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Psychology of Religion's Future

by Michael E. Nielsen, PhD

        At the October 1995 meeting of the Society for the Scientific Study of Religion in St. Louis, Missouri, two sessions of the conference were devoted to the future of the discipline. Four experts in the field, Richard Gorsuch, Ralph Hood, Bernard Spilka, and Pat Schoenrade, were invited to give their views on the psychology of religion. They were asked to respond to three questions: Over the next 25 years, where is the psychology of religion headed? How would I change the direction in view of my own? Does (or can) the psychology of religion inform religious practice? I enjoyed their thoughts, and have written this summary so that others may benefit from the conference. After reading this, I'd like to hear what you think of the discipline's future. Please email me with your thoughts!


        Dr. Richard Gorsuch

        Dr. Richard Gorsuch is Professor of Psychology at Fuller Theological Seminary in Pasadena, California. He is well-known for his knowledge of statistics and measurement, having written a text on factor analysis (a statistical technique) and developed data-analysis software. In the psychology of religion, he may be best-known for his 1984 American Psychologist article titled Measurement: The Boon or Bane of the Psychology of Religion.

         
        Dr. Gorsuch began by describing his philosophy of science as that of a "postmodern constructionist." He calls himself "postmodern" because of his belief that science does not generate certain truth, and "constructionist" because he sees the process as that of building an understanding of the phenomenon one step at a time. In Gorsuch's view, we emphasize consistencies in data (broadly defined), and as we accumulate these consistencies, we develop a better understanding of the phenomenon.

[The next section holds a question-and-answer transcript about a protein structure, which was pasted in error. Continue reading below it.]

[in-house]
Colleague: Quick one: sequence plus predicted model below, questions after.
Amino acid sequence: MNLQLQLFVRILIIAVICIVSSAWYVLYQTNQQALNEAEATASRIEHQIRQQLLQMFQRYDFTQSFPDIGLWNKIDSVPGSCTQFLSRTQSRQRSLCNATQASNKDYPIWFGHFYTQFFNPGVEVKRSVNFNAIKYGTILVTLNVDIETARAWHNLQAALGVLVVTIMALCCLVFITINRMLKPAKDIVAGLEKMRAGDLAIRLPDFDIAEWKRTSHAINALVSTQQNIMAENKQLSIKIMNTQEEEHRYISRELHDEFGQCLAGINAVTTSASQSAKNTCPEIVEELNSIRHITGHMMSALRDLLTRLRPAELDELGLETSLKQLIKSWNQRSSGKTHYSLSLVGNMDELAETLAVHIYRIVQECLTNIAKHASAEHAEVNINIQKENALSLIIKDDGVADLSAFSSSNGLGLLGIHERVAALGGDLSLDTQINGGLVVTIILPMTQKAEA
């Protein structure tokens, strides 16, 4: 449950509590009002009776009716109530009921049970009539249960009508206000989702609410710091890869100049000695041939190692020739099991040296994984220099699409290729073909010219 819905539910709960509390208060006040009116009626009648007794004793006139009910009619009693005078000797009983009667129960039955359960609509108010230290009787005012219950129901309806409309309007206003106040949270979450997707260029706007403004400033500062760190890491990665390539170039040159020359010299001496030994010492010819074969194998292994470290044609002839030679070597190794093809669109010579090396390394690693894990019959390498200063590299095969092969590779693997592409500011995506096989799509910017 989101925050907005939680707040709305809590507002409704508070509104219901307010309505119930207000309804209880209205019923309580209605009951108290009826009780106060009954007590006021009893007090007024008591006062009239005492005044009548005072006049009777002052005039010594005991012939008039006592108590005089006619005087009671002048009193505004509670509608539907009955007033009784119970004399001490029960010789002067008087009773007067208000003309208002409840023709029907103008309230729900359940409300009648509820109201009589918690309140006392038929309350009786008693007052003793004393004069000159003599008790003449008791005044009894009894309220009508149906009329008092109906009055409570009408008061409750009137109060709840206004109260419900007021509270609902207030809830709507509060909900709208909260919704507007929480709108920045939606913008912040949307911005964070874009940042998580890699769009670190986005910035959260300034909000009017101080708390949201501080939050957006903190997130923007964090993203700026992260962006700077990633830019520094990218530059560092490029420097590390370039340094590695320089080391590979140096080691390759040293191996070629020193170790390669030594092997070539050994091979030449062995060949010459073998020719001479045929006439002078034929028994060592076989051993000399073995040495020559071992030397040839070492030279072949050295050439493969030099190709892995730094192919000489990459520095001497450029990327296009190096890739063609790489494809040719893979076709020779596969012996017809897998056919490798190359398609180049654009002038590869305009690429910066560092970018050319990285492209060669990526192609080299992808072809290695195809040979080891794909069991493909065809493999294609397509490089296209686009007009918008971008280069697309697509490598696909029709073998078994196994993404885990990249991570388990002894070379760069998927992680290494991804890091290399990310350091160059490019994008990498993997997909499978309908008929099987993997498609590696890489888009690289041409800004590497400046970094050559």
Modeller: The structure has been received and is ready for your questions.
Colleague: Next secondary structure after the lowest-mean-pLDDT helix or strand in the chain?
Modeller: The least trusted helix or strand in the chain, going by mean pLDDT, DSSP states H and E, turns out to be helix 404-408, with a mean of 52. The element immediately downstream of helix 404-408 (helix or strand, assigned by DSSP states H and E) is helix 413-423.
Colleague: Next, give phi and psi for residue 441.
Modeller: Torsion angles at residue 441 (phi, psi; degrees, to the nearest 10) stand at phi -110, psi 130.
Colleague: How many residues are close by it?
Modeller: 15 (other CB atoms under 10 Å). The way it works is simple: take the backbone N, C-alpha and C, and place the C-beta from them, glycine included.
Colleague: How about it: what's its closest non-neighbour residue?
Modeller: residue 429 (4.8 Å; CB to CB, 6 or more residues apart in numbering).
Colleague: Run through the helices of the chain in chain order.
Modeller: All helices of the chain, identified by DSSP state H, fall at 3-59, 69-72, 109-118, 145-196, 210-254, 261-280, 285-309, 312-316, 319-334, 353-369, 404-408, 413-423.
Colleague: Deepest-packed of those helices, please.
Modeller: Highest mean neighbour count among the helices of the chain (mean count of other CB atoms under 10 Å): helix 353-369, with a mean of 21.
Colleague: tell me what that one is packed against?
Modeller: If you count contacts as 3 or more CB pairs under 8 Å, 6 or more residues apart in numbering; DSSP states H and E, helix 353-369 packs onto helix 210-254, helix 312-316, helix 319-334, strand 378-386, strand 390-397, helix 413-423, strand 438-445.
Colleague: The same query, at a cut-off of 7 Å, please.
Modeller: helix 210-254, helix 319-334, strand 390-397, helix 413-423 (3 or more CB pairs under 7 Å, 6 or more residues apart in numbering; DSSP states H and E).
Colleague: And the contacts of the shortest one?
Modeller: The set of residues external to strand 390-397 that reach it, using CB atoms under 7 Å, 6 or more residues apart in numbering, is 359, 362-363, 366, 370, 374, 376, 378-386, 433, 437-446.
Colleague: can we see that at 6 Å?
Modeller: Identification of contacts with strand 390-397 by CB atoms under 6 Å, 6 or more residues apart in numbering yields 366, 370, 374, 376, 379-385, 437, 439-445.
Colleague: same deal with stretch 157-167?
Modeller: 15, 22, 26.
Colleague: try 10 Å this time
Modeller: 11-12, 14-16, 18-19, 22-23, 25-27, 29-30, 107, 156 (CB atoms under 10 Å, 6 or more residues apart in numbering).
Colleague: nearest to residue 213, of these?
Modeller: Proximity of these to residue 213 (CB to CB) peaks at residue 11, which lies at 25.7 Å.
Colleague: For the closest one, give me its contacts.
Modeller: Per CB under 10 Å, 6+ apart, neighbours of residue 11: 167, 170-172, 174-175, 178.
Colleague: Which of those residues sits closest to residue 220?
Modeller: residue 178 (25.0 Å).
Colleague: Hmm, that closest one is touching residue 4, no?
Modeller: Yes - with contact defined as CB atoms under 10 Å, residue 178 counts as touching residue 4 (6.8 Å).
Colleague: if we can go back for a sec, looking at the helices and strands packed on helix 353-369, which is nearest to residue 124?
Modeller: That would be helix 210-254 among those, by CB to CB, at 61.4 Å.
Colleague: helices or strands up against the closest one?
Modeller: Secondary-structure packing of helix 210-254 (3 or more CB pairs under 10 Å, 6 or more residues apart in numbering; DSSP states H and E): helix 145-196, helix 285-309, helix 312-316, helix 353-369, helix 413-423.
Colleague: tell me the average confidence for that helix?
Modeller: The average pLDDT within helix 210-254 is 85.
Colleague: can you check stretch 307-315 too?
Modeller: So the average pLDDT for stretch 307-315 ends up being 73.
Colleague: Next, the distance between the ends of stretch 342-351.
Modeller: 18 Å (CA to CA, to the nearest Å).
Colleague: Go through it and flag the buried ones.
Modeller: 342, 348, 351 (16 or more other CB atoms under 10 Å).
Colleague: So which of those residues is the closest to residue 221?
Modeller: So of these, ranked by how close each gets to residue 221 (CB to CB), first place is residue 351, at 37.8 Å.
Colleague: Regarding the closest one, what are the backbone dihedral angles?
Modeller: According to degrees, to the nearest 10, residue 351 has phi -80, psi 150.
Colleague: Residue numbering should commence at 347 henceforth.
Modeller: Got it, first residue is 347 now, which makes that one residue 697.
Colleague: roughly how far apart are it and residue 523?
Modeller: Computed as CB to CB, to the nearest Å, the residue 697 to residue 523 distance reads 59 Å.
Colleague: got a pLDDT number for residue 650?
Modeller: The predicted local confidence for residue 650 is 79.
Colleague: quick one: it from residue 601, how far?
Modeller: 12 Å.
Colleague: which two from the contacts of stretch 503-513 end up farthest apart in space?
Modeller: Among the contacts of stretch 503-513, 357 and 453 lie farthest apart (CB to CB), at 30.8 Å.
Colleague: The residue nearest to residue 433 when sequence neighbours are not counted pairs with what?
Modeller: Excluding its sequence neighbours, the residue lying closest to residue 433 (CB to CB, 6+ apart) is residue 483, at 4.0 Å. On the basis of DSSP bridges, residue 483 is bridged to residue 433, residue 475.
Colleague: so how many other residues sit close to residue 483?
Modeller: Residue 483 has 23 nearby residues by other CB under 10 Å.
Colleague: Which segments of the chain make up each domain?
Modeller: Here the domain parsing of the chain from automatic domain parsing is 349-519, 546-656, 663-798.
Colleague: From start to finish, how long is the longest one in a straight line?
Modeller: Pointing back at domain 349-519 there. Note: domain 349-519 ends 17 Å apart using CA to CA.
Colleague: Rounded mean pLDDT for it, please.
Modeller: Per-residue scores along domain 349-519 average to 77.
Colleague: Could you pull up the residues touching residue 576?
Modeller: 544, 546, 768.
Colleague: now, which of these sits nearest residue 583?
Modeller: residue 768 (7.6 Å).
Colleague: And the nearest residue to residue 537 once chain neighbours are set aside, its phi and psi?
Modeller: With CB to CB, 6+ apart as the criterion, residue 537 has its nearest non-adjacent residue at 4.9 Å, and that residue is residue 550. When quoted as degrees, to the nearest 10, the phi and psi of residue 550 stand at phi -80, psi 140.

Some consistencies in data that need more attention, according to Gorsuch, include the following:

        • the correlation between parent's and children's religious belief;
        • the finding that women's participation in religion exceeds men's;
        • the development of an intrinsic orientation;
        • the effect of religion in preventing substance abuse.

        Part of the discipline's difficulty in making progress is due to a lack of "community effort." That is, we coordinate our efforts all too infrequently. For example, rather than reinventing the wheel by developing new scales to measure religiousness, we need to build on the work that exists already. Another symptom of the difficulty of the field is that most of its researchers have not themselves taken courses in the psychology of religion. Consequently, it is not unusual for our knowledge of psychology to be greater than our knowledge of religion.

        Gorsuch sees psychology of religion's future as being no brighter than it is now, unless we take control. We can do this in several ways. First, we need to increase the exposure of the field in the broader psychological community. Second, we need to increase the amount of funding for research of religious phenomena. Doing this would make it possible to conduct the longitudinal research needed to answer some of the more interesting and important questions facing psychologists of religion. Finally, Gorsuch reminded us that it is important to understand that measurement is a means to an end, and not an end itself.


        Dr. Ralph Hood

        Dr. Ralph Hood is Professor of Psychology at the University of Tennessee--Chattanooga. He is past editor of the International Journal for the Psychology of Religion, and now edits the Journal for the Scientific Study of Religion.

        Dr. Hood is concerned about the field because, in his view, senior people seem to be saying that the psychology of religion isn't interesting. Evidence of this is a low number of psychology manuscripts submitted to JSSR, as well as a low number of subscriptions to IJPR.